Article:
It's said in Hollywood that even the guy bringing you coffee is working on a screenplay, and that's not too far from the truth. In an industry that thrives on new ideas, people are lining up outside the gates to provide them - and working at the coffee shop while they wait to be discovered.
It's also said that the game industry is a fair model of Hollywood in most respects, and in this respect, the model holds. An informal poll conducted by this author at a recent game industry conference confirmed that a good 80 percent of all attendees - developers, press and others - had a game design idea up their sleeves and were drawn, like starlets on the Greyhound from Nowhereville, to the place where the action is.
At every game convention, gathering of developers and idle interview, the one question on everyone's lips is not "What's the next Halo?" but instead "How do I get into games?" The answer depends on who you talk to, but no one - not even the big shots - can rule out the lucky break.
"I had no idea there was a program an editor used to create the game - I thought a game just got created," Ken Levine, Lead Designer of BioShock recently told 1UP. "I didn't know anything. And probably based on the fact that they were in awe that I had lunch in Hollywood a few times, [Looking Glass] hired me."
Levine, frustrated by his efforts to get a screenplay produced in Hollywood (and unwilling, I assume, to work at Starbucks), instead took his efforts into the game arena, and the rest is chart-topping history.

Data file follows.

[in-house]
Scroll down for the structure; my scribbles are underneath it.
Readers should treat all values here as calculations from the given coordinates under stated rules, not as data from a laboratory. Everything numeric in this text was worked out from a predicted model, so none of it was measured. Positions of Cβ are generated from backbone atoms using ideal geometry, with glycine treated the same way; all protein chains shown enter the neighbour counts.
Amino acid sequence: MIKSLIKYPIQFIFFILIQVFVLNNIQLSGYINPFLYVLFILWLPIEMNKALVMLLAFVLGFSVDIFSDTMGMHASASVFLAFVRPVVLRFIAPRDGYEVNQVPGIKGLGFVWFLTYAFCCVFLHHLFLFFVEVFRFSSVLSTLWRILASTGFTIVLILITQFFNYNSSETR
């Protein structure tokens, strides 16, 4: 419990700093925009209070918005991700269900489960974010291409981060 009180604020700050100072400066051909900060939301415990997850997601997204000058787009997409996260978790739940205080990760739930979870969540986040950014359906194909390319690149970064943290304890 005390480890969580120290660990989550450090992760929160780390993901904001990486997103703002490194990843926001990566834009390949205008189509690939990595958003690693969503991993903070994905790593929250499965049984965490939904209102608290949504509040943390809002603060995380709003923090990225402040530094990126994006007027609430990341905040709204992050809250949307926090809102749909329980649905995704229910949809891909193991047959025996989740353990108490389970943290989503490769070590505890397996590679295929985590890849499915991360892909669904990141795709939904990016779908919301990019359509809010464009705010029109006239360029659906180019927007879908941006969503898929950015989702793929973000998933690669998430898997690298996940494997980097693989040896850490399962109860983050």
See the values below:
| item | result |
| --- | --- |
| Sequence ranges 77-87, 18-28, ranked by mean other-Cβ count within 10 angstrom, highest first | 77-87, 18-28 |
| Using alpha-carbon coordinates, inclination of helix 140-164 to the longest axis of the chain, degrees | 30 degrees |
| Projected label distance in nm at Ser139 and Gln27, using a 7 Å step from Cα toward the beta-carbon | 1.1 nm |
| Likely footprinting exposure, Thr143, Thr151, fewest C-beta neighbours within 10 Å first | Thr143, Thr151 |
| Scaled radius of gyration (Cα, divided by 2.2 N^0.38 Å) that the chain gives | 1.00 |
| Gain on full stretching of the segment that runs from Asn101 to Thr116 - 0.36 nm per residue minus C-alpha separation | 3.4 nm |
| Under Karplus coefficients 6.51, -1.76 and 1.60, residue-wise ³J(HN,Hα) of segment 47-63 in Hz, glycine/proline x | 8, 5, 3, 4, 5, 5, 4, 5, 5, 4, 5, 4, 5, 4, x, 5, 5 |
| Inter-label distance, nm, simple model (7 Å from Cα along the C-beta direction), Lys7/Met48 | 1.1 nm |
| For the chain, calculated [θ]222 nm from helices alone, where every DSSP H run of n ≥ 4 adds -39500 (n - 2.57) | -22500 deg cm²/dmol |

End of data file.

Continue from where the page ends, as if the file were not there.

But not all designers are as lucky as Levine, and the larger the industry gets, the more body guards are at the gates, and the harder it is to get lucky. Ballooning budgets and expanding production cycles have brought Hollywood-like bureaucracy to the once idyllic game industry, and getting in isn't any longer as easy as stepping off the bus and looking pretty (or smart).
"The best way to begin your trek is to start in another department, such as quality assurance, customer service or technical support," says Ryan Shwayder of 38 Studios. "It's generally not too difficult to get your first job in one of these departments."
But working up from the mail room isn't for everyone, and even for those willing to sling support tickets for their AAA masters, it'd still be nice to find a place where everybody knows your game's name. Enter: the casual space.